This month marks the 10th anniversary of the completion of the Human Genome Project, the project to determine the sequence of the letters that make up human DNA.

Looking back now, Eric Green, director of the National Human Genome Research Institute at the National Institutes of Health, says the milestone opened the door to understanding many diseases. But as far as the science has come in the 10 years since the first human genome was sequenced, Green says there’s so much further to go in terms of finding the genetic causes for disease and using that knowledge to develop new treatments.

“At best, today we have a Cliff’s Notes version of the human genome,” Green said. “It is like a great novel that will take decades and decades to interpret.”

Green’s comments came during the kickoff event Tuesday for the National Consortium for Data Science, a new national big data organization that has launched in Chapel Hill. NCDS’ members include industry, research institutions and universities. The consortium aims to find solutions for the challenges of working with large data sets.

Besides Green’s talk, NCDS also held a “leadership summit” that attracted about 75 data and genomics leaders from around the country. The sum mitt is expected to become an annual event with each summit addressing a major problem in Big Data. For the first sum mitt, attendees discussed the application of genomic data to health care.

The first human genome was sequenced at a cost of about $1 billion. Getting the cost down to $1,000 was seen by some as an unrealistic goal, Green said. But sequencing technologies have brought down these costs considerably to the point where they are now around $,3,000 or $4,000. New technologies are not only cutting the costs, they’re also shaving the time it takes for genomic sequencing.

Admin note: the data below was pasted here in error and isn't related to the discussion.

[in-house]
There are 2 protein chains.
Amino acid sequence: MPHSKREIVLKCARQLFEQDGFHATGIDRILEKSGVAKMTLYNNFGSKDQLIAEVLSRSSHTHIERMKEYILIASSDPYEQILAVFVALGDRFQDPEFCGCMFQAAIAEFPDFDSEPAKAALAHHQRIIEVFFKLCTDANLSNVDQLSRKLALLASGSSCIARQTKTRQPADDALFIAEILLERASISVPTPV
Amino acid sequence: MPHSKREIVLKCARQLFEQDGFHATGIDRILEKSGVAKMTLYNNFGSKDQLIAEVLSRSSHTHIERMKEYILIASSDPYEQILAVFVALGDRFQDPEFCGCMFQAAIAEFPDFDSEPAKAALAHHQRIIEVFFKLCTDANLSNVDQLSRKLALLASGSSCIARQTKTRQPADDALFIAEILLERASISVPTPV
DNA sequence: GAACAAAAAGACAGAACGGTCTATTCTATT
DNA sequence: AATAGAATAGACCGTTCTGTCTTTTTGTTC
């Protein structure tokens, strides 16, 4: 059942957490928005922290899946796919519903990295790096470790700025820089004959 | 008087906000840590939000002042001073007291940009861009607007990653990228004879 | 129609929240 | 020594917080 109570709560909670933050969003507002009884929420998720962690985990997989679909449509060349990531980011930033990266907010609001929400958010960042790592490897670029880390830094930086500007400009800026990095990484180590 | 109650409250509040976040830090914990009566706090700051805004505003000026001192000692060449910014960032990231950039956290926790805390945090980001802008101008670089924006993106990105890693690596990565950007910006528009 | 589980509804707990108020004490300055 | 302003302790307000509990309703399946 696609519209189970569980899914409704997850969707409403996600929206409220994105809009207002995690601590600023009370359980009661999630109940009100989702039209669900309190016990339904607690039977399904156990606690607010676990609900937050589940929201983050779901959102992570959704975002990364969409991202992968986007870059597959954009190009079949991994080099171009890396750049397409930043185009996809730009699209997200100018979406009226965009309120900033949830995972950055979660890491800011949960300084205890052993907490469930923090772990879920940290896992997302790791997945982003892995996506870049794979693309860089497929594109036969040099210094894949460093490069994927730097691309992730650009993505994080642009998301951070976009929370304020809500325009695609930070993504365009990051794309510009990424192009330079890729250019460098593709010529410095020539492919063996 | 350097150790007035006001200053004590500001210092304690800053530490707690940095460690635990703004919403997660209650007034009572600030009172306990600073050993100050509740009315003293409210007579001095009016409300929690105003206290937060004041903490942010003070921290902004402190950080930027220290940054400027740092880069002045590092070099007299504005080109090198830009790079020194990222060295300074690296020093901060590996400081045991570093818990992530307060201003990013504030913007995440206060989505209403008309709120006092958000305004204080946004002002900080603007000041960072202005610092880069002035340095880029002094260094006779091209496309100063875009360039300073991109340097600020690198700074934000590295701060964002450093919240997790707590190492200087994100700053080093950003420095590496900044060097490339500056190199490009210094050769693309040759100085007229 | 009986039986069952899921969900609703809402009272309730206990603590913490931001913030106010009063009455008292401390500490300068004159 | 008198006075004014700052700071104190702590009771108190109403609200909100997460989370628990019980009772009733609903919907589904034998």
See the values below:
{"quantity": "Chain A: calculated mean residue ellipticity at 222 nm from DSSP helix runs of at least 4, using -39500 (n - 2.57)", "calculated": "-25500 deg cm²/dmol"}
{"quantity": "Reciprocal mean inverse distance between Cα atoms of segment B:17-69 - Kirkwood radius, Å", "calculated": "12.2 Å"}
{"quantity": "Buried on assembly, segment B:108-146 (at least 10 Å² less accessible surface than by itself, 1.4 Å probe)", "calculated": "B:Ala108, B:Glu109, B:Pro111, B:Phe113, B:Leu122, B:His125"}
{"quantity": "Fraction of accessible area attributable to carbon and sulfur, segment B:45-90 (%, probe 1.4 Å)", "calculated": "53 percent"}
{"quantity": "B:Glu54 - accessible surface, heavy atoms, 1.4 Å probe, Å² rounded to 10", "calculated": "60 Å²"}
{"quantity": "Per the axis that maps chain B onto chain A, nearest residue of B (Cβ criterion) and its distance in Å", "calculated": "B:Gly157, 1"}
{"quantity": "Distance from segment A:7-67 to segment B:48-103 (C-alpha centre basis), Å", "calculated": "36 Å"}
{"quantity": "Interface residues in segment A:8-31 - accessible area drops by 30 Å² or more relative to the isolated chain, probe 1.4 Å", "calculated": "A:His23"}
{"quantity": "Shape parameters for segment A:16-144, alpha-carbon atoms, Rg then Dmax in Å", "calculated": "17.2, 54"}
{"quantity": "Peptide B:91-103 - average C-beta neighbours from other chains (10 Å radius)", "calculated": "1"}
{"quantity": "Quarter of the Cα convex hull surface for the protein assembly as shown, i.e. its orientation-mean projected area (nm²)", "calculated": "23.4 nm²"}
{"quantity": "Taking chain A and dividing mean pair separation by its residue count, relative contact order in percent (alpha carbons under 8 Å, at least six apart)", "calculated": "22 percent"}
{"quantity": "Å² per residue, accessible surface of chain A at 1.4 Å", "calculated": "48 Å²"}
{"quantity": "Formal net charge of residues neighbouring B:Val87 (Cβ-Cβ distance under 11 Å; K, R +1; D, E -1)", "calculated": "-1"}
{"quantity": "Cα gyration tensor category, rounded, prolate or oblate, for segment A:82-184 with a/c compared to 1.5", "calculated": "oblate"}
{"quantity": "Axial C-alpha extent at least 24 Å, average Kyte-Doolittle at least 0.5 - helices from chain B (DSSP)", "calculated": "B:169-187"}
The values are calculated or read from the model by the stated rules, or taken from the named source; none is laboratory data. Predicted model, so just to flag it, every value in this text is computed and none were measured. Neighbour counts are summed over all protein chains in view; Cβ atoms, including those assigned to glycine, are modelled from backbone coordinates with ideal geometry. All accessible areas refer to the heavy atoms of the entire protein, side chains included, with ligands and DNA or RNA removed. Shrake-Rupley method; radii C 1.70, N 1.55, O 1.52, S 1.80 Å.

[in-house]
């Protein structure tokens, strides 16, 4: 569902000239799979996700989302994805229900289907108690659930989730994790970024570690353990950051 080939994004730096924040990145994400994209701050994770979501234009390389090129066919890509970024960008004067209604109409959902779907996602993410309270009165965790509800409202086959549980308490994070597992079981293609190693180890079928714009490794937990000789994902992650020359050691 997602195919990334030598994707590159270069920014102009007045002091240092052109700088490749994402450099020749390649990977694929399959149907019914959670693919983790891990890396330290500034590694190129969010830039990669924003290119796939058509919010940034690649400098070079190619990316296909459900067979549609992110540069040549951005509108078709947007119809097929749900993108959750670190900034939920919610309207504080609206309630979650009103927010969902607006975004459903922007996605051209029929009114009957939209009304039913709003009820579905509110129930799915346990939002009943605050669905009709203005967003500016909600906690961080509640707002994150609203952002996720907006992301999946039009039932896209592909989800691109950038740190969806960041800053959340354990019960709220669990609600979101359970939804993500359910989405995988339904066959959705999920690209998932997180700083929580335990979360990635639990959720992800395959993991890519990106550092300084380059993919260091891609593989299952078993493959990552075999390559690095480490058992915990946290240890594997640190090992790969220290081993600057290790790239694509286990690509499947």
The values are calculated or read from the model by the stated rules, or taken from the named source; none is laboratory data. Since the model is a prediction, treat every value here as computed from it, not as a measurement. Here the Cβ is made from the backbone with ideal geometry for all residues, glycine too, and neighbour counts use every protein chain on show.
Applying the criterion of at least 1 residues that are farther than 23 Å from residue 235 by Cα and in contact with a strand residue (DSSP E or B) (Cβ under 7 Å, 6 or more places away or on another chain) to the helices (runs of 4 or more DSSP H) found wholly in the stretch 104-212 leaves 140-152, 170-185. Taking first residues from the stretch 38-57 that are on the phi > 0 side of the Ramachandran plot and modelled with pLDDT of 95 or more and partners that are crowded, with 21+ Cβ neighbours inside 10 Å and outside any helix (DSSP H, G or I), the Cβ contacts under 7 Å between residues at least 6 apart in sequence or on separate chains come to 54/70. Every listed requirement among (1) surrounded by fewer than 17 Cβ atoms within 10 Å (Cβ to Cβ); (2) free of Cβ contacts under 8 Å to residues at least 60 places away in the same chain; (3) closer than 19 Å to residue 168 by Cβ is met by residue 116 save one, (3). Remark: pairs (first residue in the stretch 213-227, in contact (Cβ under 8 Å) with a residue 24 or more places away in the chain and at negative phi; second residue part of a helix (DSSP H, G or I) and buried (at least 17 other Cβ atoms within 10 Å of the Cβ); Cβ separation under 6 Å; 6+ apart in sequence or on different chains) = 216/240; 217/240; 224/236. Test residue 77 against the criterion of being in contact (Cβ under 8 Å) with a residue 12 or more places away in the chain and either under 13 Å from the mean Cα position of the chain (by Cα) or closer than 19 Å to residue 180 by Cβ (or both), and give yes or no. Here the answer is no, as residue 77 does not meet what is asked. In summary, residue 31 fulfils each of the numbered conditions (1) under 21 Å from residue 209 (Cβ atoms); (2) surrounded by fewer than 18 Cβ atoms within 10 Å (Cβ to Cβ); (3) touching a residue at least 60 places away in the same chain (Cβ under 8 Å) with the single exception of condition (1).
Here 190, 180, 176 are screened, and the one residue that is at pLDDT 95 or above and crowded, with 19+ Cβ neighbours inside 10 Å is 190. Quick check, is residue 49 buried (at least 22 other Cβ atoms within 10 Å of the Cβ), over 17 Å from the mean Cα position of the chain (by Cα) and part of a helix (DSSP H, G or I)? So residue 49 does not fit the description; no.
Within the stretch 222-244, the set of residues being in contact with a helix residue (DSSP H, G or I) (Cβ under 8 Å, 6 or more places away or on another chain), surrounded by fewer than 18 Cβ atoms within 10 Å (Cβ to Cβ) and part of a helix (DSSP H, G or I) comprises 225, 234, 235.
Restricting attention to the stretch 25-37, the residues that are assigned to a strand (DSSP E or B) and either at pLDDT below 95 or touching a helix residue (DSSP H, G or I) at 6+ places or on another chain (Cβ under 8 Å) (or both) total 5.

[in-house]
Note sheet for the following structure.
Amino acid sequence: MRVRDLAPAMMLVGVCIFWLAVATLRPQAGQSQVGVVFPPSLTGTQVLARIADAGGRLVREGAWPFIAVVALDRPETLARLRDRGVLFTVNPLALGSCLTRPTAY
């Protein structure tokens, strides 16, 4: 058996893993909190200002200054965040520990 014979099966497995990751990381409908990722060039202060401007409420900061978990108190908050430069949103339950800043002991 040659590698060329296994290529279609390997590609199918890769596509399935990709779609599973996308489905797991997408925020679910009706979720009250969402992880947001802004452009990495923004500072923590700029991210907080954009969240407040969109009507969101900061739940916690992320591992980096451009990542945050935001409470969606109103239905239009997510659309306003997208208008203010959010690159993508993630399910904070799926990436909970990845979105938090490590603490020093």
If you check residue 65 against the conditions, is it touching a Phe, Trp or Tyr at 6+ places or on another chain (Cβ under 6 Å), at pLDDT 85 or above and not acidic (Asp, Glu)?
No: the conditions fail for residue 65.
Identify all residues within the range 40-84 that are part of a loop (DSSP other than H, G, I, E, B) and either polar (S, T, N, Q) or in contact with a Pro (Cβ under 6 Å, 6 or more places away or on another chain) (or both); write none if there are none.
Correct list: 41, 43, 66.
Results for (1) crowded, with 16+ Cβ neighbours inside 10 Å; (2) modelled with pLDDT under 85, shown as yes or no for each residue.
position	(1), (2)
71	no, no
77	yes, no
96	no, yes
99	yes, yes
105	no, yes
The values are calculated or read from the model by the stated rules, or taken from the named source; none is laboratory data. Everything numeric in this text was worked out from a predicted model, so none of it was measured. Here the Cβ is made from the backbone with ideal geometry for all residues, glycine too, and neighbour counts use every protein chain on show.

“I don’t stay up at night worrying about how we’re going to get to the $1,000 genome,” Green said.

Big Data bottlenecks

But that doesn’t mean that Green doesn’t worry. He sees several bottlenecks that are already slowing the progress of understanding and finding solutions from Big Data. The new technologies are producing data faster than scientists can assimilate it. While the cost of sequencing is coming down, the costs to analyze the data are going up. The sheer volume of data presents challenges in storing and managing the data. And facilities need tremendous bandwidth to push that data from site to site.

Big Data also presents human challenges. Green worries whether the next generation of data scientists are being prepared to address these bottlenecks.

The National Institutes of Health will play a role in addressing biomedical Big Data challenges. Late last year, the NIH launched its “Big Data to Knowledge initiative,” or BD2K for short. The initiative’s goals include improving how biomedical Big Data are shared and used. The NIH created a new position, Associated Director for Data Science, which will be responsible for overseeing the effort. At the request of NIH Director Francis Collins, Green took on this role on a temporary basis. But Green said that the search for a permanent Associate Director for Data Science is expected to conclude in coming weeks.